2010 Tamber Bey Deaux Chevaux Cabernet Sauvignon


As you are likely aware, I have written about many Cabernet Sauvignon’s in my blog over the years.  To me, like most, Cabernet is the King of wines.  I do however, feel there are many varieties that can compete with this King of wines.  Of the top varieties on my list is the Nebbiolo varietal from Piedmont.  I also think the varietal Malbec from Argentina is a strong runner and as I continue to try to explore other wines, I believe I’ll find more.  To be honest, I have little experience with wines from Germany, Australia, New Zealand or South Africa.  Each of these countries are considered New World wines.  I plan to reach out and try some Rieslings and Pinotage wines.  So….  If you have a favorite please suggest them to me so that I can evaluate them myself for a future review!

You maybe asking what is a New World wine?  Well the a New Worlds wine does not have any real history.  The wine making methods are usually brought in from another country like France for example.  The first wine brought into the US was called the Mission grape.  It was brought in by missionaries during the 1700’s.  The Mission grapes history comes from South America.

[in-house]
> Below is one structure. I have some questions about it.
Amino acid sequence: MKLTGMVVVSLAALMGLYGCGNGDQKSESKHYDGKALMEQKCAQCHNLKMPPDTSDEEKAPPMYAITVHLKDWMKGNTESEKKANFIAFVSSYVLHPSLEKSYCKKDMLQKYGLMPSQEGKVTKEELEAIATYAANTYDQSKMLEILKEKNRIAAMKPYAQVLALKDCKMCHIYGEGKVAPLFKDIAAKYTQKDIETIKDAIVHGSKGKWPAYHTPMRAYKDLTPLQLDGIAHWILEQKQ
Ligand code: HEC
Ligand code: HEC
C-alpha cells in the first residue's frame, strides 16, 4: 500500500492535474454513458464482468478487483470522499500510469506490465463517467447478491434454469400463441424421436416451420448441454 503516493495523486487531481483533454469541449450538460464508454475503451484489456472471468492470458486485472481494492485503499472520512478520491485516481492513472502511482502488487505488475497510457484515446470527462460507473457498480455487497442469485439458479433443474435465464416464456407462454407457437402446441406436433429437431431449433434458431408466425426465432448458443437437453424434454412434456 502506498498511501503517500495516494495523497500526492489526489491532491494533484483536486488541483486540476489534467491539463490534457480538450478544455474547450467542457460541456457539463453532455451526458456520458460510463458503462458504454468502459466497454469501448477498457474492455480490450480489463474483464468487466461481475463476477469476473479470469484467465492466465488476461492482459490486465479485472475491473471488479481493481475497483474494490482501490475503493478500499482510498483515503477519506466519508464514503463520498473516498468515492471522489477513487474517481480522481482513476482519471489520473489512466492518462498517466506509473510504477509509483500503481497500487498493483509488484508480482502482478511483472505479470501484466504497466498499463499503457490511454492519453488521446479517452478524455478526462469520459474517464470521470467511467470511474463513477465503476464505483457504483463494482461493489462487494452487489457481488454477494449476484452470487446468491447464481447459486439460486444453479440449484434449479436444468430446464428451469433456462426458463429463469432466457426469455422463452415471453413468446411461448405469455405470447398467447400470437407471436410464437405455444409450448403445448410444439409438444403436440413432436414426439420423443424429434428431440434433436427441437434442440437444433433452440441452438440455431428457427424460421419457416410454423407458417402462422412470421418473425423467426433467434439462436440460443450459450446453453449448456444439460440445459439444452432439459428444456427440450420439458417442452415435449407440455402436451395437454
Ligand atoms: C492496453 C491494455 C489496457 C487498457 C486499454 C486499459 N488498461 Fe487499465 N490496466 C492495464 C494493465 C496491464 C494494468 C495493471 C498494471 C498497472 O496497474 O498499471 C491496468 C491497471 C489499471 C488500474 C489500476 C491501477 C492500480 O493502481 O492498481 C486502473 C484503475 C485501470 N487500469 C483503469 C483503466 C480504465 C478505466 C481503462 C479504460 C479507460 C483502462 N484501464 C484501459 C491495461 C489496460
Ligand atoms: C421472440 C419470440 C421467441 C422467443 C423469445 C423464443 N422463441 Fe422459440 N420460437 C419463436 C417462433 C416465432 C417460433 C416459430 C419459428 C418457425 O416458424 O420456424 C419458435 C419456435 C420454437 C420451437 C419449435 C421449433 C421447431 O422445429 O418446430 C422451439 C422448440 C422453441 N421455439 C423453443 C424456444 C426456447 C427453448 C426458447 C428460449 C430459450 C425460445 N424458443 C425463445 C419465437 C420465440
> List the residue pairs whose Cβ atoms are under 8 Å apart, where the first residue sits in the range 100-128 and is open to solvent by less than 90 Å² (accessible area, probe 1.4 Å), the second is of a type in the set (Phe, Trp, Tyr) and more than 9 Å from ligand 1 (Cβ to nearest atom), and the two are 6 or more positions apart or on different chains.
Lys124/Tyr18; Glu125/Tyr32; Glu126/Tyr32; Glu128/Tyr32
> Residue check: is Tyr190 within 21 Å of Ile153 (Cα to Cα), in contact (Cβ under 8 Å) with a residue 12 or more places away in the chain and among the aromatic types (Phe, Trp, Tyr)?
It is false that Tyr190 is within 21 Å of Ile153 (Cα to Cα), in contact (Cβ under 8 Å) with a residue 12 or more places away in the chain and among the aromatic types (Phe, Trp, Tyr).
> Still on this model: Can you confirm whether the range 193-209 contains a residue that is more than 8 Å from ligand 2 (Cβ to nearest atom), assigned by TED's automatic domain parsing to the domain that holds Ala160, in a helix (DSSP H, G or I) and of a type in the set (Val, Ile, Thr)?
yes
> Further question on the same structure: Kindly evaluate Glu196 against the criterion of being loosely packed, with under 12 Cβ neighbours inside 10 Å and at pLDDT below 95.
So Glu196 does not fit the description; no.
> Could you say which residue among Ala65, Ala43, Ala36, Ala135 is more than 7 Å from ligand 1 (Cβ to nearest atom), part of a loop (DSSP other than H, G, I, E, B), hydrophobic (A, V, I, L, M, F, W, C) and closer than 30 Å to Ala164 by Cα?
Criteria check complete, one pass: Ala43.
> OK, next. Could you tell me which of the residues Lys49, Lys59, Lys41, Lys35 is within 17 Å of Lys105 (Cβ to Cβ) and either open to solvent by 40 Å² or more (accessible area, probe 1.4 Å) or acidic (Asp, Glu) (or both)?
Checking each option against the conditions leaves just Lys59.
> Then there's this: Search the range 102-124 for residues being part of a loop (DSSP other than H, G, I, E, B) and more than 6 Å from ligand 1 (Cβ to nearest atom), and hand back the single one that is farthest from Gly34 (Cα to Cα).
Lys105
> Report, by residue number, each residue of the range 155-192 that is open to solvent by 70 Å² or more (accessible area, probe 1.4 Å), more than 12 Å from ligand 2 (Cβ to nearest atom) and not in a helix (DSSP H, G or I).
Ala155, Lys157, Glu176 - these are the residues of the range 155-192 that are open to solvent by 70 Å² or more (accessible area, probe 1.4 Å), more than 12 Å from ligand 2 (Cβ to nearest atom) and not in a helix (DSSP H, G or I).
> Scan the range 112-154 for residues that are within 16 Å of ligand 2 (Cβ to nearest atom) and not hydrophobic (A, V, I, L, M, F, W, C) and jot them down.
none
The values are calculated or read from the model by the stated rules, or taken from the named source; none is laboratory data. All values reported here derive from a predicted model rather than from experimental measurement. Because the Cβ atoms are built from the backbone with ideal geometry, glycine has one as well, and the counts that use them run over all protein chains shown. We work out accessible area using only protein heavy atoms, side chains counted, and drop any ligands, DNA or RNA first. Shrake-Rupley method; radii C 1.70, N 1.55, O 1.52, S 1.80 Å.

I was wandering through me cellars trying to look for a “CAB” from a winery  that I had not blogged.  I came across one from Tamber Bey in the Yountville AVA.  I have not had too many Yountville AVA Cabs, so I was looking forward to trying it.

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A deep color depth and purple hue.

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The aromatics were moderate.  The development was young fruity while I noted black pepper, dark fruit and oak with the black pepper dominant.

This Cabernet was dry and full-bodied with a lively acidity level.  The tannins were medium with a dry, astringent mouth feel.  It was flavorful with a soft silky mouth feel and I believe was made to pair with food because the finish was really short.

abv: 14.9%

How much?  $55, if you look on-line it is $45.00.

I rated the 2010 Tamber Bey Deaux Chevaux Cabernet Sauvignon two glasses.  I felt the finish was too short with a peppery nose and taste is not what you want for a wine that you’ve paid $55.  Rather, it should be soft, silky, and velvety.

In Vino Veritas!

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